The concerto has a couple of unique features including the lack of a pause between the three movements and a significant reduction of the orchestral exposition (i.e. introduction) in lieu of an immediate introduction of the solo piano part. Mendelssohn also utilizes a theme from the first movement in the last movement. The composer in essence borrows the music from himself. So what of the orchestra accompaniment? Special mention should be made of the violists and cellists who played the opening of the 2nd movement beautifully. They were able to convey the full warmth and acoustic possibilities of Helzberg Hall. Also Mr. Cohen’s contrast of staccato phrasing vs. legato phrasing (short vs. long) was not only remarkable but again crystal clear. The orchestra continues to respond with more attention to the details of the music because these can be heard and savored by the listener. You can’t pick this subtlety up by listening to a CD, and this is why this orchestra and concert hall are such a great experience!

In the second half of the program there was a sudden shift to music that was more exuberant as a contrast to the more introspective and melancholic parts of the first half. This is because the first half of the program featured music all in a “minor” key (G minor) while the second half featured music in “major” keys. Suddenly what was dark, soft, and introverted became clear, open, and extroverted. The something new was the Symphony in F major, VB 130 by Joseph Martin Kraus. He has been referred to as the “Swedish Mozart” and he was even the same age (36) as Mozart when he passed. The most striking thing about the performance of this work by the Kansas City Symphony was the passion conductor Bernard Labadie clearly had for this work. The final “Presto” movement was played at a breakneck speed but held together nicely. The entire string section is to be commended for the execution of this work, and I offer my thanks to the conductor for introducing Kansas City audiences to an unknown but clearly gifted composer.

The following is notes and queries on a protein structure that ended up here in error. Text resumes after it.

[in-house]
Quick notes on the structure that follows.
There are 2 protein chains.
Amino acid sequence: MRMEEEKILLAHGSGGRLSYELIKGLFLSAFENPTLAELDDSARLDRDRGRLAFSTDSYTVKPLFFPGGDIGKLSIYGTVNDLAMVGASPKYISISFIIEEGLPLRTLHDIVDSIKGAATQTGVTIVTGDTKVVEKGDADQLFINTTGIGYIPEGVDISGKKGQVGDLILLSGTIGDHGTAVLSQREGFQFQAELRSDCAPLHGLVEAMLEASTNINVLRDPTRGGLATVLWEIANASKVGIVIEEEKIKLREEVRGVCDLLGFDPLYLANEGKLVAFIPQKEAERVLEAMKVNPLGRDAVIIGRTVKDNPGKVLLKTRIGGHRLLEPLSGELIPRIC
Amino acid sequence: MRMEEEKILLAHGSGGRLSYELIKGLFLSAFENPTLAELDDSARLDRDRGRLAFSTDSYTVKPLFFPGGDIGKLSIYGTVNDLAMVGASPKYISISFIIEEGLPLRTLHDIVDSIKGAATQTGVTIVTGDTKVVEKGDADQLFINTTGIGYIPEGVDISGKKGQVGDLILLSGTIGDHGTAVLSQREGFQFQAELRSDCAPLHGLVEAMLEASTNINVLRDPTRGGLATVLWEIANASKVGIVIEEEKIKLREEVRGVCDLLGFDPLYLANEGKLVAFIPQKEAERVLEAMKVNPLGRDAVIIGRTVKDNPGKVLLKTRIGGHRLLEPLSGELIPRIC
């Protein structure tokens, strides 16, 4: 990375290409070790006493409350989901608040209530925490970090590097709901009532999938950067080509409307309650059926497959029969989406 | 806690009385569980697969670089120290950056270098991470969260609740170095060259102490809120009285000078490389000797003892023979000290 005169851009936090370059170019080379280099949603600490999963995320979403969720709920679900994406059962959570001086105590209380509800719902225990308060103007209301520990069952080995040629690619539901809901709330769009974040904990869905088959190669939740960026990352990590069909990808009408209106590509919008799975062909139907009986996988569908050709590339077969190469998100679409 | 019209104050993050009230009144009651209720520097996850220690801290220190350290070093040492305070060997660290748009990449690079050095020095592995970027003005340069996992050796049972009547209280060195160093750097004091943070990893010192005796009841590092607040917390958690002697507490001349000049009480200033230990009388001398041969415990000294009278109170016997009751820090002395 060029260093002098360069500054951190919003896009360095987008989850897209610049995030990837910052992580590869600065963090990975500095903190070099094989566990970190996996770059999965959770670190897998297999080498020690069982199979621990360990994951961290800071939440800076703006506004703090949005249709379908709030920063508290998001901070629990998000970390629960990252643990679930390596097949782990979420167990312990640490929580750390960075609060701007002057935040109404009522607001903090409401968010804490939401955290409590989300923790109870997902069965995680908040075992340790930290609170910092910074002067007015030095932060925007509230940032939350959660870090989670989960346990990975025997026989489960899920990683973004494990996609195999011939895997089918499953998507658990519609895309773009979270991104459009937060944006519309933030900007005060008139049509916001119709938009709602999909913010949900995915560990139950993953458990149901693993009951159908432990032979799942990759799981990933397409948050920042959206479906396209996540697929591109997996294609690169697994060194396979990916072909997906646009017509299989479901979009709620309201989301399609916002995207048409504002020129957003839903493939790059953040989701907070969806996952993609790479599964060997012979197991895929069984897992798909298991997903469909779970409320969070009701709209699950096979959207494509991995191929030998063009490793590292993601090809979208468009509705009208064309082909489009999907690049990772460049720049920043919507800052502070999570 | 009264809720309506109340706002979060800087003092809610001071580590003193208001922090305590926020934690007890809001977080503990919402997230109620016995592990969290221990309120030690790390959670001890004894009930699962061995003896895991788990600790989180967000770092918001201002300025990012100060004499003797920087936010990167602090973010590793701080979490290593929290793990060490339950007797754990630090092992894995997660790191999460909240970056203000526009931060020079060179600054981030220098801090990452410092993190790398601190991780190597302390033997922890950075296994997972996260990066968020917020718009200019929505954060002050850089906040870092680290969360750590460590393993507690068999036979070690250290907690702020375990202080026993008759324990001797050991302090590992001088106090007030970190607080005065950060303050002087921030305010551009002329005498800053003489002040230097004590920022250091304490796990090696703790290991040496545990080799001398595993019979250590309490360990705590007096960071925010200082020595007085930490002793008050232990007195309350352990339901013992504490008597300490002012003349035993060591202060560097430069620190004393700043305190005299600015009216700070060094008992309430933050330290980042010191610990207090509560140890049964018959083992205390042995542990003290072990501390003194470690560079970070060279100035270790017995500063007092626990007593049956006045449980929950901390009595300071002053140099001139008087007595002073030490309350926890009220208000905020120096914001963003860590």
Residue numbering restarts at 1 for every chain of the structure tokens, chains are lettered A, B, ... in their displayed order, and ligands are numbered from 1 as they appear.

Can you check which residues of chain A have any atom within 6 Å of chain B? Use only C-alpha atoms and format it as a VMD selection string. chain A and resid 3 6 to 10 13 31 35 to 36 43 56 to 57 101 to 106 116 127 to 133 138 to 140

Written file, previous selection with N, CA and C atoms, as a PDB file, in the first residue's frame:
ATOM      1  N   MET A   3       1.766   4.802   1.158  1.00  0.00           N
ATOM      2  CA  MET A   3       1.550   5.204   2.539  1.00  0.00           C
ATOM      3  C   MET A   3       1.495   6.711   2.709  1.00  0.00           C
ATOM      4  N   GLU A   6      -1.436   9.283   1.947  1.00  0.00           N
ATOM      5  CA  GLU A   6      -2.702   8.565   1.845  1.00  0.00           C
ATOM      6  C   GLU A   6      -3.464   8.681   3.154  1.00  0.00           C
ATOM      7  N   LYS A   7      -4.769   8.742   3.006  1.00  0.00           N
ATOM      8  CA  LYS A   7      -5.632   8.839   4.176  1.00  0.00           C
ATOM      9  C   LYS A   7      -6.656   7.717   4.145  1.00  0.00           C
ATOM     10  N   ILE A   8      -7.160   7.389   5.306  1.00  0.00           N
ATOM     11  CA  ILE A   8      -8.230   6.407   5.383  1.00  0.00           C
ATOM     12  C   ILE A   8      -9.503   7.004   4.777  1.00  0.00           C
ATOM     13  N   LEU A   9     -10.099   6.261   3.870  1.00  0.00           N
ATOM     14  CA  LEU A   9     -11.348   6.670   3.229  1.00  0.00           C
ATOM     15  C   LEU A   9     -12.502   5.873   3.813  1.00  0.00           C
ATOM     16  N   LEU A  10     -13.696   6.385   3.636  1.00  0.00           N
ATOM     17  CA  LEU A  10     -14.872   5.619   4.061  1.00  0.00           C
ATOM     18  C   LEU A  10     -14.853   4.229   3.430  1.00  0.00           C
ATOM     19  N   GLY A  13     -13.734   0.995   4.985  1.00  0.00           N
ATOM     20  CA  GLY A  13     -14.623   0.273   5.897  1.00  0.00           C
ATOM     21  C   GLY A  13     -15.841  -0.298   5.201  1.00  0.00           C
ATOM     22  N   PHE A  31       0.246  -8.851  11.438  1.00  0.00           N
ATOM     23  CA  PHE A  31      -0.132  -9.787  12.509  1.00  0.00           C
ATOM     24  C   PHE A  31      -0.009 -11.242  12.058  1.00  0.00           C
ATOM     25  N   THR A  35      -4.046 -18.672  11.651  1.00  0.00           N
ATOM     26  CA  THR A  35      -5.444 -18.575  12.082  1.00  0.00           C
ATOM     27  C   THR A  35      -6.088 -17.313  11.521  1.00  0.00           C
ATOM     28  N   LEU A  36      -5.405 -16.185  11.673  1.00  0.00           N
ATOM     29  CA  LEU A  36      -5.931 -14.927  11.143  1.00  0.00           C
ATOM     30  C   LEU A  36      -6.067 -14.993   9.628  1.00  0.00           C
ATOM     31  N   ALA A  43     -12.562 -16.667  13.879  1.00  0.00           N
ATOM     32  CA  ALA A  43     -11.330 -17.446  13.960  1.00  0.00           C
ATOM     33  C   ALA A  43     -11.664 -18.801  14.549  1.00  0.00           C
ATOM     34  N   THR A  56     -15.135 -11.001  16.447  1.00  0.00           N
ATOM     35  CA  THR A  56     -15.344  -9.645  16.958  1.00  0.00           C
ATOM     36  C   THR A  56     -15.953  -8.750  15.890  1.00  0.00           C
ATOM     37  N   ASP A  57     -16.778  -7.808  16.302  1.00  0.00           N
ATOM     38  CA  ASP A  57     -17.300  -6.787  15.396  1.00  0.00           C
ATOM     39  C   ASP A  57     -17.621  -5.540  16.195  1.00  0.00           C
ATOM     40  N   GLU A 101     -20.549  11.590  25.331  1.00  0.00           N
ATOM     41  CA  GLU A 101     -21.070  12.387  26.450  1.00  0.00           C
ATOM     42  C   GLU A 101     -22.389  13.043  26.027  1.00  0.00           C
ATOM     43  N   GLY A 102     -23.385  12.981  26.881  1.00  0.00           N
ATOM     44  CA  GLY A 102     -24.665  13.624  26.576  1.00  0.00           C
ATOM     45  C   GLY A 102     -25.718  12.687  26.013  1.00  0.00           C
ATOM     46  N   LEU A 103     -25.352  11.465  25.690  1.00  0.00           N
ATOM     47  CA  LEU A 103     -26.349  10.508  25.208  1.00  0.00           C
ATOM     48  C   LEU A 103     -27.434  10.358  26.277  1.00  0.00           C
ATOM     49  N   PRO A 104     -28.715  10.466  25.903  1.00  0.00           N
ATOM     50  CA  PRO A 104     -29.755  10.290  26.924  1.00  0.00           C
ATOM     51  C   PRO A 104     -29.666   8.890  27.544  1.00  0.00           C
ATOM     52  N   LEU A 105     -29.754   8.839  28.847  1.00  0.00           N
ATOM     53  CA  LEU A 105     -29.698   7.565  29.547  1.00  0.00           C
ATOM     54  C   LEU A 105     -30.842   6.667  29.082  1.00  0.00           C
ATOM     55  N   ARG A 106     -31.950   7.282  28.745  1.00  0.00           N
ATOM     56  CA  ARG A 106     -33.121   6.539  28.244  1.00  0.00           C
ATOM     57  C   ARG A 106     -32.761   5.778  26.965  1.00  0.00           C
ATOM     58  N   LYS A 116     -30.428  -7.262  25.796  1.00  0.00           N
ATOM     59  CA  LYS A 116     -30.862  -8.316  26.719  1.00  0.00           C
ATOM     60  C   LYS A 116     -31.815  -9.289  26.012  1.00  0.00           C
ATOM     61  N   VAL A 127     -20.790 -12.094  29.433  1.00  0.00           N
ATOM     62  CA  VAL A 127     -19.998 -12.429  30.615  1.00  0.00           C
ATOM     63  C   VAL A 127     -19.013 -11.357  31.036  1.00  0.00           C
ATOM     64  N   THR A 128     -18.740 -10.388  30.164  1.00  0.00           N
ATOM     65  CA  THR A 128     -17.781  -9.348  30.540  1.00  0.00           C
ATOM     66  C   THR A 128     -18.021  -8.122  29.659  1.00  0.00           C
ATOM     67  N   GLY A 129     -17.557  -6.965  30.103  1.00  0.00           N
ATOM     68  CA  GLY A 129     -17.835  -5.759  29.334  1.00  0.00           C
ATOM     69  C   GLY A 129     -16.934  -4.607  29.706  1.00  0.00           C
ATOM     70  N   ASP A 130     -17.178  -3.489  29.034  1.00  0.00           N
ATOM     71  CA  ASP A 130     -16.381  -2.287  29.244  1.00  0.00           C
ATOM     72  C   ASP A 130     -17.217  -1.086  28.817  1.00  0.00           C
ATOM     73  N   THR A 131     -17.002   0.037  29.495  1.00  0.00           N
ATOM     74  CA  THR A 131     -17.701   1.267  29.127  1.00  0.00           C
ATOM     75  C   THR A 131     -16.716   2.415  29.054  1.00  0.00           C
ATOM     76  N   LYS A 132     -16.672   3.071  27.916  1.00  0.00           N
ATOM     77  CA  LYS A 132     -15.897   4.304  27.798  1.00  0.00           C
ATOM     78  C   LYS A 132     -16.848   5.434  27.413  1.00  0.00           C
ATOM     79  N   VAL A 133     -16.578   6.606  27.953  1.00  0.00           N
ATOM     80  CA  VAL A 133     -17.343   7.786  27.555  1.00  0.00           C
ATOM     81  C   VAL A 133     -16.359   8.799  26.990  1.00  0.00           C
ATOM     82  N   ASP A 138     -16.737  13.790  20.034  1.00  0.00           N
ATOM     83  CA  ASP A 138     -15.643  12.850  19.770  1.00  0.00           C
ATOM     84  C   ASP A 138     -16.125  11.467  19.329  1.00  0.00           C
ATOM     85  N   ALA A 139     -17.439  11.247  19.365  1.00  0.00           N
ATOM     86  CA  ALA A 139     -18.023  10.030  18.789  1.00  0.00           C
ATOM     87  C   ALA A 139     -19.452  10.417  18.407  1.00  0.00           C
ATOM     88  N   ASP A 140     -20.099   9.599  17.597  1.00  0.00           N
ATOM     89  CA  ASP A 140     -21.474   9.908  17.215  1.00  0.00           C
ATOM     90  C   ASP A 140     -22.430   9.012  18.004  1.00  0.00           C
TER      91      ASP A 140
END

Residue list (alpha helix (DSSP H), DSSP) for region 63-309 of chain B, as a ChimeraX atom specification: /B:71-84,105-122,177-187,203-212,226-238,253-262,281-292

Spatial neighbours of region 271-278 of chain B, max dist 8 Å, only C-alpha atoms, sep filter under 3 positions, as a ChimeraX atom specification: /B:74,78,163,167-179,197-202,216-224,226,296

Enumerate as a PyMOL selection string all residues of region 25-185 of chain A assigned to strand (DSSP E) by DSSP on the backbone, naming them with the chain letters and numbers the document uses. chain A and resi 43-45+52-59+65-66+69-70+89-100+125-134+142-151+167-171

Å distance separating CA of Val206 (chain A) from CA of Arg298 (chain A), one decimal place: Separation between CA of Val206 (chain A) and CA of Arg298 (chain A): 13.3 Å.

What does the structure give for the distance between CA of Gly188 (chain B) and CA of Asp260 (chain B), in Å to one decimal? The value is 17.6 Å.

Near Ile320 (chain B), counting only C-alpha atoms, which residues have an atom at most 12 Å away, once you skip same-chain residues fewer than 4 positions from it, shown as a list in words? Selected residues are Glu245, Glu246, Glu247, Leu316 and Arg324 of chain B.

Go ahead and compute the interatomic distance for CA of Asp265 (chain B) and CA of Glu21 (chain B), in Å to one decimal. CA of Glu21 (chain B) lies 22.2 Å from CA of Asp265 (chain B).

The final piece of the evening was the Symphony No. 101 in D major, “The Clock”, by Franz Joseph Haydn. Once again, a subtle theme was woven into the program for this concert in that Haydn spent a lot of time in England (as did J.C. Bach).  In the spring of 1794, there was a strong demand among the nobility, gentry, and wealthy society for tickets to hear Haydn’s music. The mechanical “tick-tock” in the second movement of the symphony is why the piece is known as “The Clock,” and this was of great interest to the English audiences at the time of the premiere. Much like the finale of the Symphony No. 41 by W.A. Mozart performed earlier this season, the finale of “The Clock” symphony is considered the greatest final movement Haydn ever wrote. The orchestra sparkled as did Helzberg Hall, and the standing ovation for the orchestra and conductor was well-deserved.  This was truly an engaging and imaginative program. Once again, the strings proved to be the backbone of the orchestra, but special mention should be made of the flute obbligato played by Michael Gordon. Bravo!

One cannot say enough about experiencing the Kansas City Symphony at the Kaufmann Center for the Performing Arts. This city is so fortunate to have both of these treasures. There is a matching gift program between now and the end of the orchestra’s fiscal year on June 30th. Please consider a gift for this fine organization.

“We should get in the habit of reading inspirational books, looking at inspirational pictures, hearing inspirational music, and associating with inspirational friends.” – Alfred Montapert